Action Filename Description Size Access License Resource Version
Show more files...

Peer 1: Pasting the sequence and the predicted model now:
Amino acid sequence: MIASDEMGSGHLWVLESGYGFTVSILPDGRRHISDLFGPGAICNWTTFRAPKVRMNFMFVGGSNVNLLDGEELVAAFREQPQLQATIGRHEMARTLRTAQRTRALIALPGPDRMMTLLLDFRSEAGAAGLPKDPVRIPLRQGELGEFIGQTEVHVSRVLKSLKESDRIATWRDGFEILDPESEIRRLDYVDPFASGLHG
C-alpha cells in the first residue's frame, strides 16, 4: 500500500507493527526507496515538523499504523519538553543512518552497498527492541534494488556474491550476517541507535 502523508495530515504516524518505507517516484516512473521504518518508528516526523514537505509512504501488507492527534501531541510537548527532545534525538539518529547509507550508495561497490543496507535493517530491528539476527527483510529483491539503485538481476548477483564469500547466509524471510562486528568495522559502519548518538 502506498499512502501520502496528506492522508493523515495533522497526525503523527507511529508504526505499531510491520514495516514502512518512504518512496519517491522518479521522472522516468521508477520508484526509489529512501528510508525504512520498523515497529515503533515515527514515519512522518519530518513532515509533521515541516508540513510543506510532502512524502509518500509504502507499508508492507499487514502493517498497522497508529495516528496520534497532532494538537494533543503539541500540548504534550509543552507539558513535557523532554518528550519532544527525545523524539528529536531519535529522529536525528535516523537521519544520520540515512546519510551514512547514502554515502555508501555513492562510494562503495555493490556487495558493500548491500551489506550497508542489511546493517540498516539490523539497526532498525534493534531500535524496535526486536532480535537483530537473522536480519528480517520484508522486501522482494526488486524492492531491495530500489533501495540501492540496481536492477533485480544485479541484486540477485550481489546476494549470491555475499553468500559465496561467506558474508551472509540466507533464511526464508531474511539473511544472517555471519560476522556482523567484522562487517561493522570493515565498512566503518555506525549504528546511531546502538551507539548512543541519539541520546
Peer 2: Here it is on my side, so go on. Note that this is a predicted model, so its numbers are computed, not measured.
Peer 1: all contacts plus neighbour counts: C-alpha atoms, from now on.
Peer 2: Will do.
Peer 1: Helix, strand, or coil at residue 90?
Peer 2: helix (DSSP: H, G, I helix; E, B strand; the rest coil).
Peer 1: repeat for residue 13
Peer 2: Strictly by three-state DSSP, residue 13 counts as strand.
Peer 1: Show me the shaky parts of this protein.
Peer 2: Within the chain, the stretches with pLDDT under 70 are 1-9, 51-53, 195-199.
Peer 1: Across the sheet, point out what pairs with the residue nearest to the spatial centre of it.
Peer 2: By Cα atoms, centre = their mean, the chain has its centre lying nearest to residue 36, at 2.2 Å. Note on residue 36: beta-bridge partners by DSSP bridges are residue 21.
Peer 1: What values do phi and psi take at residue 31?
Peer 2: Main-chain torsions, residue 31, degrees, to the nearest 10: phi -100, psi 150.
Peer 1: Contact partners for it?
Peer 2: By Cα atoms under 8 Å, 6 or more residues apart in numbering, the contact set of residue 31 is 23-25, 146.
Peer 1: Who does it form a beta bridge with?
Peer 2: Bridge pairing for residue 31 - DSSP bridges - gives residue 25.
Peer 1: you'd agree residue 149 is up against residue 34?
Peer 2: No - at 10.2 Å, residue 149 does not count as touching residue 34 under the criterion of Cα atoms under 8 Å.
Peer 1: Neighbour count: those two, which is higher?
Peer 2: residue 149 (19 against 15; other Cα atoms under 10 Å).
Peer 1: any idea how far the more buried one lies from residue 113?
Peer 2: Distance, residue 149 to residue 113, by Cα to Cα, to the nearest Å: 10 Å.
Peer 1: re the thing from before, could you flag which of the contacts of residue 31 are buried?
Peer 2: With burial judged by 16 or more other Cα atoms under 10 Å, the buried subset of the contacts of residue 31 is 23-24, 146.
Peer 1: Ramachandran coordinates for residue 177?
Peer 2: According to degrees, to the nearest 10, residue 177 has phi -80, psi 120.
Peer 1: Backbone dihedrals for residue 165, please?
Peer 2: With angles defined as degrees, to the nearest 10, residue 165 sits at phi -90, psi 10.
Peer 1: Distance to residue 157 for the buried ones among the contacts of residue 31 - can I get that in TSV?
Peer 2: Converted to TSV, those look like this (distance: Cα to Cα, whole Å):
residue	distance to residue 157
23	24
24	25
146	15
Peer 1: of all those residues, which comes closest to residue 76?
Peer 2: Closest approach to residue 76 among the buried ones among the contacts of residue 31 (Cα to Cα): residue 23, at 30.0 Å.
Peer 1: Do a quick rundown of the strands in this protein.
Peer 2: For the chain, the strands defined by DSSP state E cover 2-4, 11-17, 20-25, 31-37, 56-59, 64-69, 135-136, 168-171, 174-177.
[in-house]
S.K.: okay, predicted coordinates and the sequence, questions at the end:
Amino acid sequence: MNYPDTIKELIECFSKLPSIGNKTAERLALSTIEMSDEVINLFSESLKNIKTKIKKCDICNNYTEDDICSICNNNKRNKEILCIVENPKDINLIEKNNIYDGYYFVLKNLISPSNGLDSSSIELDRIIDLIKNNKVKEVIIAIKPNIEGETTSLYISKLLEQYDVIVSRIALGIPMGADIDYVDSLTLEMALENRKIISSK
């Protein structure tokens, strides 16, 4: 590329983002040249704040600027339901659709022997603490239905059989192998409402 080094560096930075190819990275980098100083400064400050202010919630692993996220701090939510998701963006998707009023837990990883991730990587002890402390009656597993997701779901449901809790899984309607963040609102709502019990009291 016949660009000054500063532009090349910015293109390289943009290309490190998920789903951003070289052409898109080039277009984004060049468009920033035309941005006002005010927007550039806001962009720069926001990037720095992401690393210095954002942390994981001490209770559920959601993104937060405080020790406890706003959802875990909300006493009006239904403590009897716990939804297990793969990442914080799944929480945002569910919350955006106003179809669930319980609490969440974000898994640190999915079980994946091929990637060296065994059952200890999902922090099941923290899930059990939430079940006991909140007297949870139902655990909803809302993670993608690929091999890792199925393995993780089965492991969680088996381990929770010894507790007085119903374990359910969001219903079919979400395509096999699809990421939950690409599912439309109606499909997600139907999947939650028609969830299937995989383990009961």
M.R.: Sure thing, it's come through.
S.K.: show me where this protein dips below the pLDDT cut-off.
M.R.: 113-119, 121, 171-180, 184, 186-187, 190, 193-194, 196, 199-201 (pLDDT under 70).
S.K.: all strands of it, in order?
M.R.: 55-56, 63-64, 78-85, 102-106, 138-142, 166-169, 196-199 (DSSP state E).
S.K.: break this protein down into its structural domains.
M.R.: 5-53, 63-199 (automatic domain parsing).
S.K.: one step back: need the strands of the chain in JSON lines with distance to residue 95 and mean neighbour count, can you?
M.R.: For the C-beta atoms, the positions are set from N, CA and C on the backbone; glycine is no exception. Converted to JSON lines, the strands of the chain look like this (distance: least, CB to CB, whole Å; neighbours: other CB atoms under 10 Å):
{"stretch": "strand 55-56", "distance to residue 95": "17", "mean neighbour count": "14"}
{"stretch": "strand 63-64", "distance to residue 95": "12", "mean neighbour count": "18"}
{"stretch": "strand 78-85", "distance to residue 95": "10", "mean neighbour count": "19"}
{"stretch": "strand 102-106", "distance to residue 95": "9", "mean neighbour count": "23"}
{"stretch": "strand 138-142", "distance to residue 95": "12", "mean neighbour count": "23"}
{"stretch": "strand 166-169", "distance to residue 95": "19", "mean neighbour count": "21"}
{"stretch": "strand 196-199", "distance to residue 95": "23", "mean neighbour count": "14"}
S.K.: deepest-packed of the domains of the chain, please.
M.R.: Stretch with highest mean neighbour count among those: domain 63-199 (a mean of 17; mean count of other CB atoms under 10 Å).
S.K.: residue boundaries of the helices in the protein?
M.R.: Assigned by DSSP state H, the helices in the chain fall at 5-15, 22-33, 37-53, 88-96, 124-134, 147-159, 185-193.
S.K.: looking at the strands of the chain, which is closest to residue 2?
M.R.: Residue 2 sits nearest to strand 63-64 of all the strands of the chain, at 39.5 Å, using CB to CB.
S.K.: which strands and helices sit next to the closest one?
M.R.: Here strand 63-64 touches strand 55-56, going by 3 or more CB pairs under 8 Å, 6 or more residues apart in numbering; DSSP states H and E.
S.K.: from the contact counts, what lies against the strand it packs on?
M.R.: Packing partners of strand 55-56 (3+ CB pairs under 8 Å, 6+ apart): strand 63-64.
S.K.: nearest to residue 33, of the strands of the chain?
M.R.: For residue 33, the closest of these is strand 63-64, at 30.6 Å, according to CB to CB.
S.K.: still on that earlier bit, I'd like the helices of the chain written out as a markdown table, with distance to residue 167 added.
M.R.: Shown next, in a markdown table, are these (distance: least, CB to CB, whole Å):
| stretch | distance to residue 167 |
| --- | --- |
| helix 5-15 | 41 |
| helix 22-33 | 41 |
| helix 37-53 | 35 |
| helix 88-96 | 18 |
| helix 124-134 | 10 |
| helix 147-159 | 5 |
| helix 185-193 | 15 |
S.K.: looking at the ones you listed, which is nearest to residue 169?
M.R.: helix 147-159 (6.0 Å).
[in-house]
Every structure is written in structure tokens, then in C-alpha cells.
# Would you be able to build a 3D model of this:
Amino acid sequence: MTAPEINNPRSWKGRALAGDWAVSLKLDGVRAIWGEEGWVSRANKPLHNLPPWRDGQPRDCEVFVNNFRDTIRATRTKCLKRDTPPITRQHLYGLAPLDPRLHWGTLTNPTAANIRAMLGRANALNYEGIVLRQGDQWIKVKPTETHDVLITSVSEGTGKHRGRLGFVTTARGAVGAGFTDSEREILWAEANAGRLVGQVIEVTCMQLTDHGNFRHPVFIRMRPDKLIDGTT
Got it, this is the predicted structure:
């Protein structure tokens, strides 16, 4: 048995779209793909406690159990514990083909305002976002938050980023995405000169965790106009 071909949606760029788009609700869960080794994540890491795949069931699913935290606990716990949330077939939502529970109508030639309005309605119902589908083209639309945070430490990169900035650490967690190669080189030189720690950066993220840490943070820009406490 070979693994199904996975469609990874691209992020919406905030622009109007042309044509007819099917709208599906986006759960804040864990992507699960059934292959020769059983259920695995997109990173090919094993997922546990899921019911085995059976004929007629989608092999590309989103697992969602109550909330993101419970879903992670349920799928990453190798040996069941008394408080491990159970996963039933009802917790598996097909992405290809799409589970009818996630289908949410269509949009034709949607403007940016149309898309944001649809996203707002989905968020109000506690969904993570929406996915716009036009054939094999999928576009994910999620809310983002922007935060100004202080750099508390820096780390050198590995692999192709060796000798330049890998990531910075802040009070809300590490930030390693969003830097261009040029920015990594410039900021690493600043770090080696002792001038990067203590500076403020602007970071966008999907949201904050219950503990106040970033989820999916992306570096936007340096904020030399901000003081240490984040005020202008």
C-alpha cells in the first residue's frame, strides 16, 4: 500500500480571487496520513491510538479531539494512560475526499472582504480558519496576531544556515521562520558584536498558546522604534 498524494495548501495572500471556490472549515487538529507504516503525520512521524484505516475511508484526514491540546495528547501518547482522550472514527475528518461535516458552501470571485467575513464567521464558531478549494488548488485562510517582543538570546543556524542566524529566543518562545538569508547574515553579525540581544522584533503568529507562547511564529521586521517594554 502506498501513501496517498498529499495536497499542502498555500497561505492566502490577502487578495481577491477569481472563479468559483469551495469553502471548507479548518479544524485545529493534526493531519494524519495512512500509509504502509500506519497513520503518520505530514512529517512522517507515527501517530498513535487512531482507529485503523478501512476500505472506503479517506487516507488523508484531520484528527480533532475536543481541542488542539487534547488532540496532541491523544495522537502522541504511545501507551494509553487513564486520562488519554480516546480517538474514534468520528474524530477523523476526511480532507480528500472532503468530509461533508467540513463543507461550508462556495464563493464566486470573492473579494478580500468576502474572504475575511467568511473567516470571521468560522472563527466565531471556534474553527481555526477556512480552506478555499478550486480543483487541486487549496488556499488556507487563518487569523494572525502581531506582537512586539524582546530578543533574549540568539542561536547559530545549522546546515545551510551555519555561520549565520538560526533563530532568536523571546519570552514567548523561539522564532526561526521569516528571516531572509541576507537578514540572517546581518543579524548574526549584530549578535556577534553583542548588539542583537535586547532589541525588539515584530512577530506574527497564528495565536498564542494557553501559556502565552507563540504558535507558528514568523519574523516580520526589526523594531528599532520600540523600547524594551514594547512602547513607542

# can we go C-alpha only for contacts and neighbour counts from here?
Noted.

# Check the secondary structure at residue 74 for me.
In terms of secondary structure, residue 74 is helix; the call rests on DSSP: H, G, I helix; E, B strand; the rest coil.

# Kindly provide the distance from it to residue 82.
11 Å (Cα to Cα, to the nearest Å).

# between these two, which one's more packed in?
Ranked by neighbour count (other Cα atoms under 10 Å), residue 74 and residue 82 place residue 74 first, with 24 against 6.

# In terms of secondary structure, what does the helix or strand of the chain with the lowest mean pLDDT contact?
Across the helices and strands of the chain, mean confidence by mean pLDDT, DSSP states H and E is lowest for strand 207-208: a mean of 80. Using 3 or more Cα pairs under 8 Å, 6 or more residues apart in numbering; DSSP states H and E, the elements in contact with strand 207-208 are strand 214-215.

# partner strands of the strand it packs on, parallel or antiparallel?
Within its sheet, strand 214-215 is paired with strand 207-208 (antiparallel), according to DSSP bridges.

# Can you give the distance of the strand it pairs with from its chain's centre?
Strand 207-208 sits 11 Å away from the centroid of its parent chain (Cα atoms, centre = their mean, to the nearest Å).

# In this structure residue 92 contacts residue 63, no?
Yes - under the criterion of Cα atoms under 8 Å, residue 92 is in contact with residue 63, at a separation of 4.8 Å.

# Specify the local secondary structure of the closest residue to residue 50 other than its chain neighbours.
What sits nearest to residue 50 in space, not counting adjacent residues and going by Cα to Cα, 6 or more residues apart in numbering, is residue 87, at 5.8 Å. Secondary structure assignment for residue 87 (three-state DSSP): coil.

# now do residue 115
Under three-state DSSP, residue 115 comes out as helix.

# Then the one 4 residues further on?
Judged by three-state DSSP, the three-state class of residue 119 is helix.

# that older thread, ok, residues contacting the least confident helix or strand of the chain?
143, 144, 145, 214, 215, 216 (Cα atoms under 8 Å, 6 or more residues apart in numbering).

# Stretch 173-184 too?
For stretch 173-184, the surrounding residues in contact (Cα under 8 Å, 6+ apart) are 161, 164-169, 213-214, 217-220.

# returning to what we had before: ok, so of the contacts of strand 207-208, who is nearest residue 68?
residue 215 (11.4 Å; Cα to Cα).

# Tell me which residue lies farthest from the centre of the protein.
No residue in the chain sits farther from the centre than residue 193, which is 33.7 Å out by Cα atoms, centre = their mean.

Iron is a transitional metal required by virtually all organisms as a dietary micromineral, indispensable for cellular survival and proliferation. The management of iron absorption and distribution in the organism and inside the cell must be tightly regulated in order to avoid the deleterious consequences of free iron-induced oxidative stress. Ferritin is the major protein responsible for iron storage and release of intracellular iron. Ferritin shells are formed from two types of subunits, known as H and L. The present work investigates the effects of conditional ferritin H deletion in mice. A broad ferritin H deletion in liver, spleen, bone marrow and thymus results in an alteration of iron metabolism, characterized by increased transferrin saturation and hepcidin mRNA levels and decreased liver iron deposits. Iron loading prior to deletion leads to liver failure early after deletion, showing that ferritin H is indispensable for limiting iron toxicity through iron sequestration. A hepatocyte-specific deletion fails to reproduce the same phenotype, suggesting an important role for Kupffer macrophages in liver iron detoxification. Ferritin H is also required for B lymphocyte survival, as indicated by the loss of mature B cells in an CD19-specific ferritin H deletion mouse strain, where this population is substantially reduced because of massive reactive oxygen species generation. Conditional deletion in heart leads to fibrosis, increased oxidative stress and to a switch towards a gene expression profile characteristic for cardiac hypertrophy, while iron loading prior to deletion causes a dramatic alteration of the cardiac output function and ultimately to heart failure. An intestine-specific ferritin H deletion results in a typical hemochromatotic phenotype, characterized by increased transferrin saturation and liver iron stores, increased hepcidin expression and decreased IRP2 activity. Hepcidin-mediated ferroportin downregulation at protein level is also shown not to be sufficient to limit the intestinal iron export. An modified version of the current model of intestinal iron absorption is proposed, that includes the function of ferritin H as an iron sink in intestine. This work contributes to a better understanding of iron metabolism in general and intestinal iron absorption in particular, and it might have an impact on the development of treatments against human hemochomatosis and anemia.